To the Editor: Incipient pay-for-performance plans are beginning to improve clinical outcomes in the general medical sector (1), but they have not yet begun to influence quality improvement efforts in the behavioral health care arena. The research reported by Gates and colleagues (2) in the November 2005 issue of Psychiatric Services is valuable in conceptualizing pay-for-performance initiatives in behavioral health care.
The authors note that their performance-based contracting model reimbursed providers more heavily the longer the patient remained employed. This contingency provided incentives that encouraged providers to increase the amount of time spent with patients each week in order to receive initial compensation with minimal delay as well as to place patients in good jobs to ensure retention—and additional reimbursement. This strategy exemplifies some of the behavioral engineering principles articulated by Skinner (3) nearly 40 years ago. Skinner taught that effective reinforcement contingencies maximize the occurrence of desired behaviors (that is, outcomes) by providing incentives after a variable number (rather than a fixed number) of responses and minimizing delay between response and reinforcement.
The desired behavioral outcomes in the study by Gates and colleagues included mental health providers' assisting patients to initially secure and then to retain employment and patients' working successfully. The model used by these authors provided variable (that is, sequential) reinforcement (monetary compensation) contingent on providers' and patients' attainment of incremental steps toward the goal of sustained employment. Each step was reimbursed at a different rate, with the later objectives (sustaining employment for three, six, and nine months) weighted more heavily than the earlier ones (life skills assessment, initial placement, and job skills acquisition) to provide increasingly potent incentives to help patients keep their jobs.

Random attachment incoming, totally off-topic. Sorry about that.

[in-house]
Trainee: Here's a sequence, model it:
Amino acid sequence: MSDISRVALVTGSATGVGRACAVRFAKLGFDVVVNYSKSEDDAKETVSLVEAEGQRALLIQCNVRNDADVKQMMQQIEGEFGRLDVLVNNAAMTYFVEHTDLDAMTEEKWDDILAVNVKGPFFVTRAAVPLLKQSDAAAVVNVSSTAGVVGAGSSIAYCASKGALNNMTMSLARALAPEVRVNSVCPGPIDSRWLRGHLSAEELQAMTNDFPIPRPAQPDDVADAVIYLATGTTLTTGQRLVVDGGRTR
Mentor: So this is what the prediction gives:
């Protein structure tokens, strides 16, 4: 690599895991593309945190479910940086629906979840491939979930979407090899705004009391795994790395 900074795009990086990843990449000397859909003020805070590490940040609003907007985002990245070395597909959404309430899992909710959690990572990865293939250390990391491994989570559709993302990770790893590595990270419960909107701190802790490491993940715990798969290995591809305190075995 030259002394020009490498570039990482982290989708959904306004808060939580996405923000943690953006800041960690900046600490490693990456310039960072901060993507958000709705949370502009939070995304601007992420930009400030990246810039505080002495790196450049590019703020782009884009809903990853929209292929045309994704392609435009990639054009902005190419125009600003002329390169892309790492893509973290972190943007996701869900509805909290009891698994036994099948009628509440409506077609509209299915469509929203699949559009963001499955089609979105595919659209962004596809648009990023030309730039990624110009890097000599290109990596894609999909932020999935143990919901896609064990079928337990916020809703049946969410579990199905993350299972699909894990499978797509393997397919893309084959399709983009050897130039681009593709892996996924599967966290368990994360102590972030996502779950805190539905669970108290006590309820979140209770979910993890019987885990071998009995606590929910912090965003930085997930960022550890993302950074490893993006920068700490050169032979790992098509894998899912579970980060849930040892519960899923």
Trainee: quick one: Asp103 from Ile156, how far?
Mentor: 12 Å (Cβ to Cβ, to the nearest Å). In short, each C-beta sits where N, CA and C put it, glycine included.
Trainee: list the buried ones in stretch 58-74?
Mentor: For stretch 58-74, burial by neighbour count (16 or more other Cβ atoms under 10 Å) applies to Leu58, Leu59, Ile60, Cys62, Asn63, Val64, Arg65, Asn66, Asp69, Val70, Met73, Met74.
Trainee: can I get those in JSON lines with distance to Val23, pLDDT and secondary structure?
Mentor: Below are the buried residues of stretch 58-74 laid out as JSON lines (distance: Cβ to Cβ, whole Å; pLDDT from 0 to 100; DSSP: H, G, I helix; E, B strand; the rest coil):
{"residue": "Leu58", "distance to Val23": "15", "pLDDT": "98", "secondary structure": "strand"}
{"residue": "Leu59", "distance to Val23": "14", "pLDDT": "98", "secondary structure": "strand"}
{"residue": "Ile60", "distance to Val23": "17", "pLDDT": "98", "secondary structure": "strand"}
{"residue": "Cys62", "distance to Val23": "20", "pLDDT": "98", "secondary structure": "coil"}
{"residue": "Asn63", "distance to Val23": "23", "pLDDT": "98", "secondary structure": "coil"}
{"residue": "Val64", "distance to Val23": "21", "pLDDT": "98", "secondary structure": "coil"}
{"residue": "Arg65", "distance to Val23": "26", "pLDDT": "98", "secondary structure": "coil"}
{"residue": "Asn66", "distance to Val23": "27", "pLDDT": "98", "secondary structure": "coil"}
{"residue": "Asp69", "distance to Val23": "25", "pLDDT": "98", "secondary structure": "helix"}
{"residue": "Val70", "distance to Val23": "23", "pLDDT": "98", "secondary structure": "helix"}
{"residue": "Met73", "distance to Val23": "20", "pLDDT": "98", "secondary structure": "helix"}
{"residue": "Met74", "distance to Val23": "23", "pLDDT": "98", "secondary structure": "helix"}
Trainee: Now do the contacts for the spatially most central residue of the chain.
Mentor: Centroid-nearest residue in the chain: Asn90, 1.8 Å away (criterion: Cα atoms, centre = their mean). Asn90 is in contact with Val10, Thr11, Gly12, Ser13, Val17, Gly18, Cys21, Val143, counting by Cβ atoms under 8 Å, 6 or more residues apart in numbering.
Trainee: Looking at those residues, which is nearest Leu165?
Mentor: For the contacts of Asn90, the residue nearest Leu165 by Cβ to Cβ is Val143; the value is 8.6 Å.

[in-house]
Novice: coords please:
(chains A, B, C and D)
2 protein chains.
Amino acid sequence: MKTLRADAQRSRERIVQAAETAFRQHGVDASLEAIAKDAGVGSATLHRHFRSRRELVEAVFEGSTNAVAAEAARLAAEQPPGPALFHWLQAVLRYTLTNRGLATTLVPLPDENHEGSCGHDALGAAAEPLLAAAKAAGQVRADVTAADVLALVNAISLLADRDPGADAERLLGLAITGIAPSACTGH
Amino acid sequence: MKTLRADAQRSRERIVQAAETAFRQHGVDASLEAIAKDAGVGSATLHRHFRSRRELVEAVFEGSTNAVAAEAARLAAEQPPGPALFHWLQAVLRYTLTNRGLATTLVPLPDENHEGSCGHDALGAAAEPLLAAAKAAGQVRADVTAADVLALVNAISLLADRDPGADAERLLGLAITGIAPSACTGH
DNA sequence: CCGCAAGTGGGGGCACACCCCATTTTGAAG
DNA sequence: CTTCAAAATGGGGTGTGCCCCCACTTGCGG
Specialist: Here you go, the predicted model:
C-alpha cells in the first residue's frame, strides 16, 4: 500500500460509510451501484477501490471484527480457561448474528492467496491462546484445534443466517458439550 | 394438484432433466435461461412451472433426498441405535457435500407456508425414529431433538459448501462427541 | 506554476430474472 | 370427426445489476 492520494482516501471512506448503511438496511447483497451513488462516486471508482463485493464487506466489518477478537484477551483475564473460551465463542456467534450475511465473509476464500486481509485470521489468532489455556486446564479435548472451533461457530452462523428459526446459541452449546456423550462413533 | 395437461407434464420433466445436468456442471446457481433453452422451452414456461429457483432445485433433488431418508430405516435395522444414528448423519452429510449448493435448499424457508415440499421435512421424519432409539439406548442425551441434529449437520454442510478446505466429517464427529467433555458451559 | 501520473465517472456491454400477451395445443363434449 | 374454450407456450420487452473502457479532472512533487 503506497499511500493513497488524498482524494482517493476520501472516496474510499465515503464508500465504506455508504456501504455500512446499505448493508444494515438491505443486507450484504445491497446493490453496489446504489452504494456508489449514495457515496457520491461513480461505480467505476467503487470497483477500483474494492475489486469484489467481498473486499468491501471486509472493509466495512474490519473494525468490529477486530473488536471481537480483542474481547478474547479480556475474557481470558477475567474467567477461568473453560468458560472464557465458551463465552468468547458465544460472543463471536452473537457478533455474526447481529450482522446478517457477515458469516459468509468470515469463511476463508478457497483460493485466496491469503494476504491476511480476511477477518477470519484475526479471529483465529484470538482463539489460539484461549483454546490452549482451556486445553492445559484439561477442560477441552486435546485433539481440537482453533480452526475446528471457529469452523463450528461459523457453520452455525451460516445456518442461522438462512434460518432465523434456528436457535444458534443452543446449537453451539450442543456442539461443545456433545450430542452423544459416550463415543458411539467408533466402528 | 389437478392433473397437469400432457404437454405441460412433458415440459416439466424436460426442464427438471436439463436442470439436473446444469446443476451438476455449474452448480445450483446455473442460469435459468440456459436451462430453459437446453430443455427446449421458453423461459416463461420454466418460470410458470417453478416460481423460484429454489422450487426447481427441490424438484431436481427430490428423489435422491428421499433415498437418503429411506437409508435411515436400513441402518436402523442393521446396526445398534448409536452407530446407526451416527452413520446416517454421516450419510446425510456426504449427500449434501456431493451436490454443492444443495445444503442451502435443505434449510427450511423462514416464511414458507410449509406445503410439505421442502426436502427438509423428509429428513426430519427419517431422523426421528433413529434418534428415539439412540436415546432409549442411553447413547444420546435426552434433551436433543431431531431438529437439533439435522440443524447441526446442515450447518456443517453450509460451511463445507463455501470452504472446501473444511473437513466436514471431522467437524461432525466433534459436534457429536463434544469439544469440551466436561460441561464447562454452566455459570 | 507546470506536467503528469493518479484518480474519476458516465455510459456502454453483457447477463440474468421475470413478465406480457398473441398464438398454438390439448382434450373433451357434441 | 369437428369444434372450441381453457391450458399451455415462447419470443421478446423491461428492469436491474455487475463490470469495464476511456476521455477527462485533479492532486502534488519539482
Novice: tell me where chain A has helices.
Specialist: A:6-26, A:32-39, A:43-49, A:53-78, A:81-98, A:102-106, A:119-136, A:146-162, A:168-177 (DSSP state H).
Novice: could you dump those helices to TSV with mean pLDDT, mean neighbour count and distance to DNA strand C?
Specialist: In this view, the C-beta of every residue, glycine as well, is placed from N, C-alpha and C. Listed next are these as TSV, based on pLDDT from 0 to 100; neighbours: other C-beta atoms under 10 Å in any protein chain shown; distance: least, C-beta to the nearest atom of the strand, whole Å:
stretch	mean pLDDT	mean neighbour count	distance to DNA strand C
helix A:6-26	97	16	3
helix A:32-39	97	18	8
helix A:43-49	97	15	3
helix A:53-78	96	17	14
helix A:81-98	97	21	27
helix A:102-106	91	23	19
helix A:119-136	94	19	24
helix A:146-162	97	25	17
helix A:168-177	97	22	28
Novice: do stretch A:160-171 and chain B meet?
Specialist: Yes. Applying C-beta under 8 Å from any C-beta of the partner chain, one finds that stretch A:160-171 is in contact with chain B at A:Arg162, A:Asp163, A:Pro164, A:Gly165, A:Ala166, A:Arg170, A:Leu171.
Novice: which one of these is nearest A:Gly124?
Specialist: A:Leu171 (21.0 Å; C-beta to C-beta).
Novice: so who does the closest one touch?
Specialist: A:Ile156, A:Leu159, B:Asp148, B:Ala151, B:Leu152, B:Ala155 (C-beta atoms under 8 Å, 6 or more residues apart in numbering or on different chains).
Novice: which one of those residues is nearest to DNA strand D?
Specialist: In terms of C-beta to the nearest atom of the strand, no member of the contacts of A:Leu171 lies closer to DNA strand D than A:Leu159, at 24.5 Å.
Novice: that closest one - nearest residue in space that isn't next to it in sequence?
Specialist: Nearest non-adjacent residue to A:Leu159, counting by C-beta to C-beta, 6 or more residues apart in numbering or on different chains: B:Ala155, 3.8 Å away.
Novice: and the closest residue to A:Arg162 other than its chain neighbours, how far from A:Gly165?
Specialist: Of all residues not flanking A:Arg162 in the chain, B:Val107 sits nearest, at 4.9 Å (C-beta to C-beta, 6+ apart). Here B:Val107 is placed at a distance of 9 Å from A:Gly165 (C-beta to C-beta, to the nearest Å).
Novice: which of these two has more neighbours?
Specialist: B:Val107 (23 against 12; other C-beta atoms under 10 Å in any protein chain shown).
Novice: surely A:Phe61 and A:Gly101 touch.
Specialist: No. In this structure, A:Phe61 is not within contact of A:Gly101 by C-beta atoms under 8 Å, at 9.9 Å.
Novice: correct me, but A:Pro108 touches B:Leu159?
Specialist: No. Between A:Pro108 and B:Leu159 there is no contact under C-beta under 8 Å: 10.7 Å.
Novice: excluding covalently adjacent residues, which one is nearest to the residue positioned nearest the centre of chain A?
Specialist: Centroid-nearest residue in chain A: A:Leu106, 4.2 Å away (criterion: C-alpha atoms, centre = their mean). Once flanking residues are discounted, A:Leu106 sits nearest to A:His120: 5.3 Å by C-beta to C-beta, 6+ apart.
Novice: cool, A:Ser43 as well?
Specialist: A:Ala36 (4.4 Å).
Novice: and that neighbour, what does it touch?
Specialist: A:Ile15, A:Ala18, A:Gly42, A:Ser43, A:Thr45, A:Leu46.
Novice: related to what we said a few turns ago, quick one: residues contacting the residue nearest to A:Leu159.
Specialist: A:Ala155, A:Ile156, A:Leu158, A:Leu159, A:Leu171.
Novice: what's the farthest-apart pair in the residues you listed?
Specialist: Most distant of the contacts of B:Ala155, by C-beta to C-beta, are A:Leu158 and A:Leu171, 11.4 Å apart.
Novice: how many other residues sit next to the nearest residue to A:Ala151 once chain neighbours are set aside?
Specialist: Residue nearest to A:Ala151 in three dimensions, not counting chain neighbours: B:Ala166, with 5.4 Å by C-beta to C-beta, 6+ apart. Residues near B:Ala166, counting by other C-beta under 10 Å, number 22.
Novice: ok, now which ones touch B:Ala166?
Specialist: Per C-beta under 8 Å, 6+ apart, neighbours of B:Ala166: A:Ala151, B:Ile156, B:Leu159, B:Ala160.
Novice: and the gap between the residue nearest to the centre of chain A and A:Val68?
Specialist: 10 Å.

Gates and colleagues' outcomes-based compensation model might tempt providers to encourage patients to accept inadequate or temporary jobs in order to avoid delays in receiving reimbursement. But their preliminary data suggest that the model promotes successful outcomes by rewarding providers for working intensively with patients early in the placement process, assisting them in finding and keeping appropriate jobs, and coordinating more effectively with social service agencies.
The implications for designing behavioral pay-for-performance plans are clear. Providers' compensation should be weighted to differentially reinforce progressive improvements in patients' recovery and sustained functioning. Instead of compensation that is contingent on simply keeping patients in treatment, which subtly reinforces clinical deterioration, incrementally weighted reinforcement contingencies should explicitly link providers' and patients' use of evidence-based treatment guidelines and self-management plans with quantifiable measures of continuing clinical improvement and sustained recovery of functioning.
Dr. Bachman, a licensed psychologist, practices in Brentwood, California.